326 Tasting Notes

drank Xiang Xun Dan Lu by Tao Tea Leaf
326 tasting notes

Picked this up a while ago when I was in Toronto. The Tao Tea Leaf store is quite nice, they carry a lot of beautiful tea ware. There are a lot of places to buy tea in Toronto.. I’m sure there are a lot of stores I don’t even know about, but this particular place caught my eye because they mainly sell premium teas (not mainly just flavoured ones).

Now onto my tasting note:

I’ve short steeped this tea a few times now, and in general it reminds me of a few other black teas with similar profiles (Zhao Bai Jian, Laoshan Black Tea). Earthy, floral, malty, hint of chocolate and sweetness. Sophisticated and easy on the palate. I really enjoy how the floral notes never get too bold, there is just a nice hint of it. And out of the other teas with similar profiles, I prefer this one because of that mild floral aroma.

200 °F / 93 °C 0 min, 30 sec

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See previous tasting notes for my thoughts on this tea’s flavour profile

Hmm, I take back what I said about this not being a good resteeper. I just had to scale down the short steeps by A LOT. When I short steep black tea I usually start at 30s or 45s, but these leaves infuse very quickly. Hime Fuki is also quite potent, I only needed 1tsp for short steeping in a 100ml tea vessel. I’ve tried adding more leaves previously and it was too bitter.

Overall not one of my favourite black teas, but still an enjoyable purchase. It shares a lot in common with Qimen black tea, but I prefer the flavour of Hime Fuki over that type. Generally I’m not a big fan of Qimen types though, and that is probably why this tea is not one of my top favourites.

100ml purion teapot, 1tsp, 6 steeps (3s, +3s resteeps)
(The built in filter the purion teapot had was very useful here. If you use a gaiwan you’ll need a strainer because the Hime Fuki leaves are small and broken)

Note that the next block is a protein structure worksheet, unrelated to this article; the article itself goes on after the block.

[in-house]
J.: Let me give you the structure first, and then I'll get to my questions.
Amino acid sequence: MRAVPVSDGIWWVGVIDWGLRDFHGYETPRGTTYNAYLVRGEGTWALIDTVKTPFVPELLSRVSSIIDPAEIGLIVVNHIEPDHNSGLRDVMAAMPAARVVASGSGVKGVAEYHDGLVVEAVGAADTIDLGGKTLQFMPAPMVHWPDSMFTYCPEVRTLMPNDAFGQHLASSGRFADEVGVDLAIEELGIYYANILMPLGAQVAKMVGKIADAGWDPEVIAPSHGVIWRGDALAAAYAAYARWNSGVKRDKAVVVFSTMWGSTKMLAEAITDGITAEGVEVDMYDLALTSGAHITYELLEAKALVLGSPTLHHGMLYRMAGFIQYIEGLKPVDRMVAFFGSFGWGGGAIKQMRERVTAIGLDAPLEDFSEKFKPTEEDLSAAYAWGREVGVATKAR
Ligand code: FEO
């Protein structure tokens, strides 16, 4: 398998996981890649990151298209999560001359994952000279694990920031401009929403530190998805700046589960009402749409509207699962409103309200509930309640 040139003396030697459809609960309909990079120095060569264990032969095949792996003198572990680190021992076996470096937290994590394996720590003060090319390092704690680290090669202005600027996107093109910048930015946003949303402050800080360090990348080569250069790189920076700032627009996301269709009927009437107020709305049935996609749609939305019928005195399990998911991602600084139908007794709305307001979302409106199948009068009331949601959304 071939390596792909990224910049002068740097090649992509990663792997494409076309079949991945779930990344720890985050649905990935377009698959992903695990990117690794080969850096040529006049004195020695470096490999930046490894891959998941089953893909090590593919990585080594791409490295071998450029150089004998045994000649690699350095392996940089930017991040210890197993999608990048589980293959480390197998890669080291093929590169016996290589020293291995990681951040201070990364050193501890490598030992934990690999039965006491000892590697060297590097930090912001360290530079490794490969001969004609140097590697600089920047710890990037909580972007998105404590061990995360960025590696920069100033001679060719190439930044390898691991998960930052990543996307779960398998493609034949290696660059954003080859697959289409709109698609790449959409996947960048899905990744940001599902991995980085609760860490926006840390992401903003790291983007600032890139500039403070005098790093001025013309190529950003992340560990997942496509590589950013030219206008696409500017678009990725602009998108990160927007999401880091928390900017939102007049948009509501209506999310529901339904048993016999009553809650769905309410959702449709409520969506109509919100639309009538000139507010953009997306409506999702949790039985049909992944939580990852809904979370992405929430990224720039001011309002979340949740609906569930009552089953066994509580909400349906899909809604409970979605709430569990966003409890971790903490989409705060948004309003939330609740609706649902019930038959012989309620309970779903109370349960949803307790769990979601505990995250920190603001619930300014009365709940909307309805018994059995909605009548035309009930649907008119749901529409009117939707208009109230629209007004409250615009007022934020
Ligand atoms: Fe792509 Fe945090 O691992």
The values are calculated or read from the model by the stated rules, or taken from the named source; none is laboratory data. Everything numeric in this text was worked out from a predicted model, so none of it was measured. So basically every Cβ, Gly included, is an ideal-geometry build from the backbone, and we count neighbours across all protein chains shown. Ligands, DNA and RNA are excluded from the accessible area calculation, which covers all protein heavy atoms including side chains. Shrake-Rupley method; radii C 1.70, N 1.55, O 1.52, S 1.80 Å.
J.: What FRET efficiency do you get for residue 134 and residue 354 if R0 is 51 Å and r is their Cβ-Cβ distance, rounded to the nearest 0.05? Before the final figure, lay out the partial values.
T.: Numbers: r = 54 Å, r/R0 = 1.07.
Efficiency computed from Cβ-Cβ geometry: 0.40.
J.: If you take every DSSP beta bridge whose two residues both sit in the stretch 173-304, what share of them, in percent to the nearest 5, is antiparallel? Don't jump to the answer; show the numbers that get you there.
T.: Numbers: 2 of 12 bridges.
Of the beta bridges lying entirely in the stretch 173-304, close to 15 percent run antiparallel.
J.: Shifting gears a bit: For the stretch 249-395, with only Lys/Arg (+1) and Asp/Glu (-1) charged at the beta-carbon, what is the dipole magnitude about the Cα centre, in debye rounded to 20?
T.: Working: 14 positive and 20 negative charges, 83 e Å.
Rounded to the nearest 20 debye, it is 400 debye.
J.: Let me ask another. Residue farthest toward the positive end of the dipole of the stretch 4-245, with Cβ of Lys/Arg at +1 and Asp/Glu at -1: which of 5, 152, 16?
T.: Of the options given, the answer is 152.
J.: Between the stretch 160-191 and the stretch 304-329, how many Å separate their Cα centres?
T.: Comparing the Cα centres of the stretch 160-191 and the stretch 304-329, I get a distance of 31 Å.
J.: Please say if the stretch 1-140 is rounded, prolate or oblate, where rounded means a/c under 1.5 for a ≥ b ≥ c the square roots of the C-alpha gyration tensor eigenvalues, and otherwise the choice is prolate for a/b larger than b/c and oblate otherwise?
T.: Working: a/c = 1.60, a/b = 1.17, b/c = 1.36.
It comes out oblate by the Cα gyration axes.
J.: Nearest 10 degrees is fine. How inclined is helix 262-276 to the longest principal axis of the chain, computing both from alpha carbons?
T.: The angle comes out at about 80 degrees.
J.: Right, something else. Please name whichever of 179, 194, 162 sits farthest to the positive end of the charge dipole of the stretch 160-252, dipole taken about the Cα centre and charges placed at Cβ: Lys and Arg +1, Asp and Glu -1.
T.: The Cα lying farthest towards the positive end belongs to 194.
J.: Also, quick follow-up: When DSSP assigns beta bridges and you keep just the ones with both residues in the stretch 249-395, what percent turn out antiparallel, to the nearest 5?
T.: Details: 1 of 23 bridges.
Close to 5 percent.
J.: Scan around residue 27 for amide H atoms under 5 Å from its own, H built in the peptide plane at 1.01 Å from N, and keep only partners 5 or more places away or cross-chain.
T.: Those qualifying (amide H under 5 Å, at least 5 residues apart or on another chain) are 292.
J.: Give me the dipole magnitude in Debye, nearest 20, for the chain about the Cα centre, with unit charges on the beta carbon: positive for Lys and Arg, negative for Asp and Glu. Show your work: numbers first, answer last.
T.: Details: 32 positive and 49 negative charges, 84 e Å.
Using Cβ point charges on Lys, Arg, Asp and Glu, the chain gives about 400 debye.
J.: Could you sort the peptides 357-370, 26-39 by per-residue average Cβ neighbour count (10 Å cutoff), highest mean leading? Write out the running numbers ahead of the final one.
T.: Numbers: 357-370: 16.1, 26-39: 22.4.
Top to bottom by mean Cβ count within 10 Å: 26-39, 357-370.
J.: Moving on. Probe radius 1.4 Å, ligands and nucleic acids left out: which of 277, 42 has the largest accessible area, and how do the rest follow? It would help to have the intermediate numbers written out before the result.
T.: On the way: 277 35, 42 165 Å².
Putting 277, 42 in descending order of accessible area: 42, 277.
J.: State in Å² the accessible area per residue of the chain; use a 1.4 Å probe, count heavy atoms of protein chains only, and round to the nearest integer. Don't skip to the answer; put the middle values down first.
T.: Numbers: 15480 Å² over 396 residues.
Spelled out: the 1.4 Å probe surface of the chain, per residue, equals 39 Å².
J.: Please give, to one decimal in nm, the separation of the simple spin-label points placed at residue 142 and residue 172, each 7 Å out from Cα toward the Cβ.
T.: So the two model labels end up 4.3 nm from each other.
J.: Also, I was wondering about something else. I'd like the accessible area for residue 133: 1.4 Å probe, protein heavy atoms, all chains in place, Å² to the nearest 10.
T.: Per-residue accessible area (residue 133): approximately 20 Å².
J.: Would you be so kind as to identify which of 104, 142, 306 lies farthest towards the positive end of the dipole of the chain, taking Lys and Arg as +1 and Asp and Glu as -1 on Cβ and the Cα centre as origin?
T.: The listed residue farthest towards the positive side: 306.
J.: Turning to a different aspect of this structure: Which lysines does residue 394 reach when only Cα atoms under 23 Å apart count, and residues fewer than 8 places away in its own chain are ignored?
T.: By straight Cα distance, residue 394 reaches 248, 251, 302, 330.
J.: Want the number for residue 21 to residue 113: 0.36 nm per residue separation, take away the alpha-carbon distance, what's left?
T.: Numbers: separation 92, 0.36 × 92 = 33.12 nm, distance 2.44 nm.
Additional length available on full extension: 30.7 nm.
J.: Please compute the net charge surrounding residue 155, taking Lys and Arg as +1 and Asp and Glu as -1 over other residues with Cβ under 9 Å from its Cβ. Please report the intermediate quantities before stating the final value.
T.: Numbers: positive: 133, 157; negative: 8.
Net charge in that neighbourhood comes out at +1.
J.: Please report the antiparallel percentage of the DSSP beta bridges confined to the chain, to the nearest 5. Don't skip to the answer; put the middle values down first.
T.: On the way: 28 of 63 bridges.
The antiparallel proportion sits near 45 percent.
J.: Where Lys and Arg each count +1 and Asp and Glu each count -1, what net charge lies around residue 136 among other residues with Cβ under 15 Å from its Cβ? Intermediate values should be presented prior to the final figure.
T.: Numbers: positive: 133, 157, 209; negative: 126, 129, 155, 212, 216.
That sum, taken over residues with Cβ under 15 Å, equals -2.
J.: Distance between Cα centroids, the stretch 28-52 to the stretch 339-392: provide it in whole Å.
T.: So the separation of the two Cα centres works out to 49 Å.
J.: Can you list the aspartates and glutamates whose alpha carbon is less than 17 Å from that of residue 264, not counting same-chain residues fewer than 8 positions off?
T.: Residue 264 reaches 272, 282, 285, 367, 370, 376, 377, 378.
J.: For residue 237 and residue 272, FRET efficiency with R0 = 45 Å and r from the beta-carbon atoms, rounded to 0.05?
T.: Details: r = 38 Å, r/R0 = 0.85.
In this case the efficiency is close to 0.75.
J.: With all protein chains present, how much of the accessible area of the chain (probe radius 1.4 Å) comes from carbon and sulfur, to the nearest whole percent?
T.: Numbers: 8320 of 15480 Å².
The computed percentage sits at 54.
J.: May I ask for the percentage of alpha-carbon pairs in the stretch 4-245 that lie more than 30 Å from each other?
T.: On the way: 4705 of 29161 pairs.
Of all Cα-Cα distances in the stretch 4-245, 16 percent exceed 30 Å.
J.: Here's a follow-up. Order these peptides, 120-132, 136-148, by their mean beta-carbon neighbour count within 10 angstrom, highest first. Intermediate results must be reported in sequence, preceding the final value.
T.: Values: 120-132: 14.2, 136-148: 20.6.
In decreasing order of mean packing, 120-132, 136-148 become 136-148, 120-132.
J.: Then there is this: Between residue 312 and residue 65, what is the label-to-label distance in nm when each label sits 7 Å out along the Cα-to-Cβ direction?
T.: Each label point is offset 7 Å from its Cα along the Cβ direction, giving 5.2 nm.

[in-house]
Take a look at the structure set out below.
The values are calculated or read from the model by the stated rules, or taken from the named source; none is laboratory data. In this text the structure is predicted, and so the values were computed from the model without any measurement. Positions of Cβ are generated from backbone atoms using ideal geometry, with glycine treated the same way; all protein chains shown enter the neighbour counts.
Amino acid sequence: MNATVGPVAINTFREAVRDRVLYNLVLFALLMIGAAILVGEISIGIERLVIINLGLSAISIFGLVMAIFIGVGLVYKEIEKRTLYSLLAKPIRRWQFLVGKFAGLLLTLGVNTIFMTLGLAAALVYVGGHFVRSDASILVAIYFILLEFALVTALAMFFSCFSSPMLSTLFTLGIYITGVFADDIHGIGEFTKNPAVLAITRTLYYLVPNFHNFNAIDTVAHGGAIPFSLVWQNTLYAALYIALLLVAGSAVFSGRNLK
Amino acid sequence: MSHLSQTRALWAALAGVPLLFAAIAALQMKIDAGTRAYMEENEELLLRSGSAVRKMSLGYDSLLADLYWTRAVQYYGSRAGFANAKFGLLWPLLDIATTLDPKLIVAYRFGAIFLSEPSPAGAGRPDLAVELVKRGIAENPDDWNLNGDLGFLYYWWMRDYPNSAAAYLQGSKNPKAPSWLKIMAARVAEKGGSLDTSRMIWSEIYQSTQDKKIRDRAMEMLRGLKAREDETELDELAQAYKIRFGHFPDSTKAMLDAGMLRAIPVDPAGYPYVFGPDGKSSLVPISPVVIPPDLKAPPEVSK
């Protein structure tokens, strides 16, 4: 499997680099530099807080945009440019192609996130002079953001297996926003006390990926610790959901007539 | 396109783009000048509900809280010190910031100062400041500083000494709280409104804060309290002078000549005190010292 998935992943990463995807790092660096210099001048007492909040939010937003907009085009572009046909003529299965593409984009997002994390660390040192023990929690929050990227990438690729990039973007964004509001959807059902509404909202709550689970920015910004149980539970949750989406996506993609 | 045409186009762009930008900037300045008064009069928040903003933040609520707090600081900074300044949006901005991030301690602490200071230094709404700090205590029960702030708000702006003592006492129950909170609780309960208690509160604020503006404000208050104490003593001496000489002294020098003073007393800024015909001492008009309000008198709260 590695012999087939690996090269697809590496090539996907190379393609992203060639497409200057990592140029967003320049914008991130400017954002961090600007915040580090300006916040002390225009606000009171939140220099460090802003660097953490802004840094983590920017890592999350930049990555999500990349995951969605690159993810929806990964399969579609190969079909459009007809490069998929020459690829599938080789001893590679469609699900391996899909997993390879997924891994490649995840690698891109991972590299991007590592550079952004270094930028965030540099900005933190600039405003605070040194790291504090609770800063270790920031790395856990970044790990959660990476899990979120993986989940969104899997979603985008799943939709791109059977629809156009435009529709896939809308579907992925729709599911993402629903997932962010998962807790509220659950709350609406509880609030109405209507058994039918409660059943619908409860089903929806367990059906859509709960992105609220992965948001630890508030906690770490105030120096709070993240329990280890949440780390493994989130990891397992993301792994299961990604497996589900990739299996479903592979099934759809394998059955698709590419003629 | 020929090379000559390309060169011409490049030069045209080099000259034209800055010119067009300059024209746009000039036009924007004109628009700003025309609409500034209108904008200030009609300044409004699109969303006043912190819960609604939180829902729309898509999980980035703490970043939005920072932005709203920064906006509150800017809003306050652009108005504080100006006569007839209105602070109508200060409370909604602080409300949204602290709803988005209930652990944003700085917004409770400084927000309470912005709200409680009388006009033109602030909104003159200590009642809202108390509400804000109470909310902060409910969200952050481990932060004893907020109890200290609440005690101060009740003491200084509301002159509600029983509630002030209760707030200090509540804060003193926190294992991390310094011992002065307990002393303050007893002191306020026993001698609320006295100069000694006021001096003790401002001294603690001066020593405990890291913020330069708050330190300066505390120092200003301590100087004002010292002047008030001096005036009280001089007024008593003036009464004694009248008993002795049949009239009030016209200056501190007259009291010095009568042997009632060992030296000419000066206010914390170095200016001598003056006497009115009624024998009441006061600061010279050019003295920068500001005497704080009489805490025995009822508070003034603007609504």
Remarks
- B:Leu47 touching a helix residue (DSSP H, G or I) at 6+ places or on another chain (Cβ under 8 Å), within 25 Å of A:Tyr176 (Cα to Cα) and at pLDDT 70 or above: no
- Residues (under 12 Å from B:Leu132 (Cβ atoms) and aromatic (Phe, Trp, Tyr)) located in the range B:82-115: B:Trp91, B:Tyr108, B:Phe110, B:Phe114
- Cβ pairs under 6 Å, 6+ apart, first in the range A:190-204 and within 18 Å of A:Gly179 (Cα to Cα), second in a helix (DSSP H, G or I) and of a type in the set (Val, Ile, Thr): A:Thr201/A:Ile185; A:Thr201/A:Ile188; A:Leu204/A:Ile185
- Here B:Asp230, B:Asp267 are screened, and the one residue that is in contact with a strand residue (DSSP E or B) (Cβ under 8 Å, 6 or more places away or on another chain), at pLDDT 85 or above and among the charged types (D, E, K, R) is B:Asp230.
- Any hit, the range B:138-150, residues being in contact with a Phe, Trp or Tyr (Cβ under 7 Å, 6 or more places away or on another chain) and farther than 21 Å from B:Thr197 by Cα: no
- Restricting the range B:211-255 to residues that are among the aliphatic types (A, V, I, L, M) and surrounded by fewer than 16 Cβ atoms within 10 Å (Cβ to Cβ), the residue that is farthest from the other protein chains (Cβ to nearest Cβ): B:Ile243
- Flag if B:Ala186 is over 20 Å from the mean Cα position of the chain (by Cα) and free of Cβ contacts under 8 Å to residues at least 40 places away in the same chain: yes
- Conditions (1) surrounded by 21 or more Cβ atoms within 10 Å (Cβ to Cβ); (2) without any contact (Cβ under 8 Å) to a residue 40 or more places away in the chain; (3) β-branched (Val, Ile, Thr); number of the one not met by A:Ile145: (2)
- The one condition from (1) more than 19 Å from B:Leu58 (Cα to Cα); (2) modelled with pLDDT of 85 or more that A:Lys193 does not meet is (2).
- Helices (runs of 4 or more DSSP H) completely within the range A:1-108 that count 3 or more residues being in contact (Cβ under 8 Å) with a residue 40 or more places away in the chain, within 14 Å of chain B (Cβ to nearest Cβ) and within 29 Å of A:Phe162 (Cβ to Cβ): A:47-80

200 °F / 93 °C

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Still my favourite “cheap” ($5/50g) LS.

Had a good experience short steeping this today, got up to 9 steeps. I was a bit surprised because the tea is comprised of broken leaves and I don’t always get performance out of those. It tasted very smooth, smoky, woody, and buttery throughout all the steeps.

On a final note I’d just like to mention that I usually love LS, so I’m not sure I would recommend this to those that dislike smoky teas. It is definitely not nasty and tarry, but I’ve also tried better (and more expensive) “authentic” LS.

100ml purion teapot, 2 tsp, 9 steeps (3s, +3s resteeps)
edit: if anyone’s curious, the smoky flavour didn’t stay in the purion after a quick rinse for my next tea

The DJBooth

That sounds awesome I think I’ll have to add this one to my shopping list.


It’s a pretty standard LS if you like that sort of thing.

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drank Da Hong Pao by Camellia Sinensis
326 tasting notes

I bought this just to see what’s so special about Da Hong Pao. There are a lot of sources for this type of tea, but I chose Camellia Sinensis because they never disappoint me and I like supporting Canadian businesses (plus the tea arrives quickly). Now onto the tasting note:

First steep: Roasted, floral, very smooth, kinda sweet.

Second steep: Sweeter, roasted flavour is nice and not too strong, has a soft floral aroma.

Third steep: More balanced, the liquor leaves a pleasant sweet and roasted flavour at the back of my throat.

Taking a break to sniff the gaiwan, the wet leaves have a very charming scent. I like how the roasted characteristics never become too overpowering.

Fourth steep: Much of the same characteristics are present, still quite smooth/creamy with a soft floral/fruity aroma.

Fifth steep: Seems a bit lighter and zesty. This cup made me think of mango and honey dew melon.

Sixth steep: More sweetness and fruit than roasted flavour.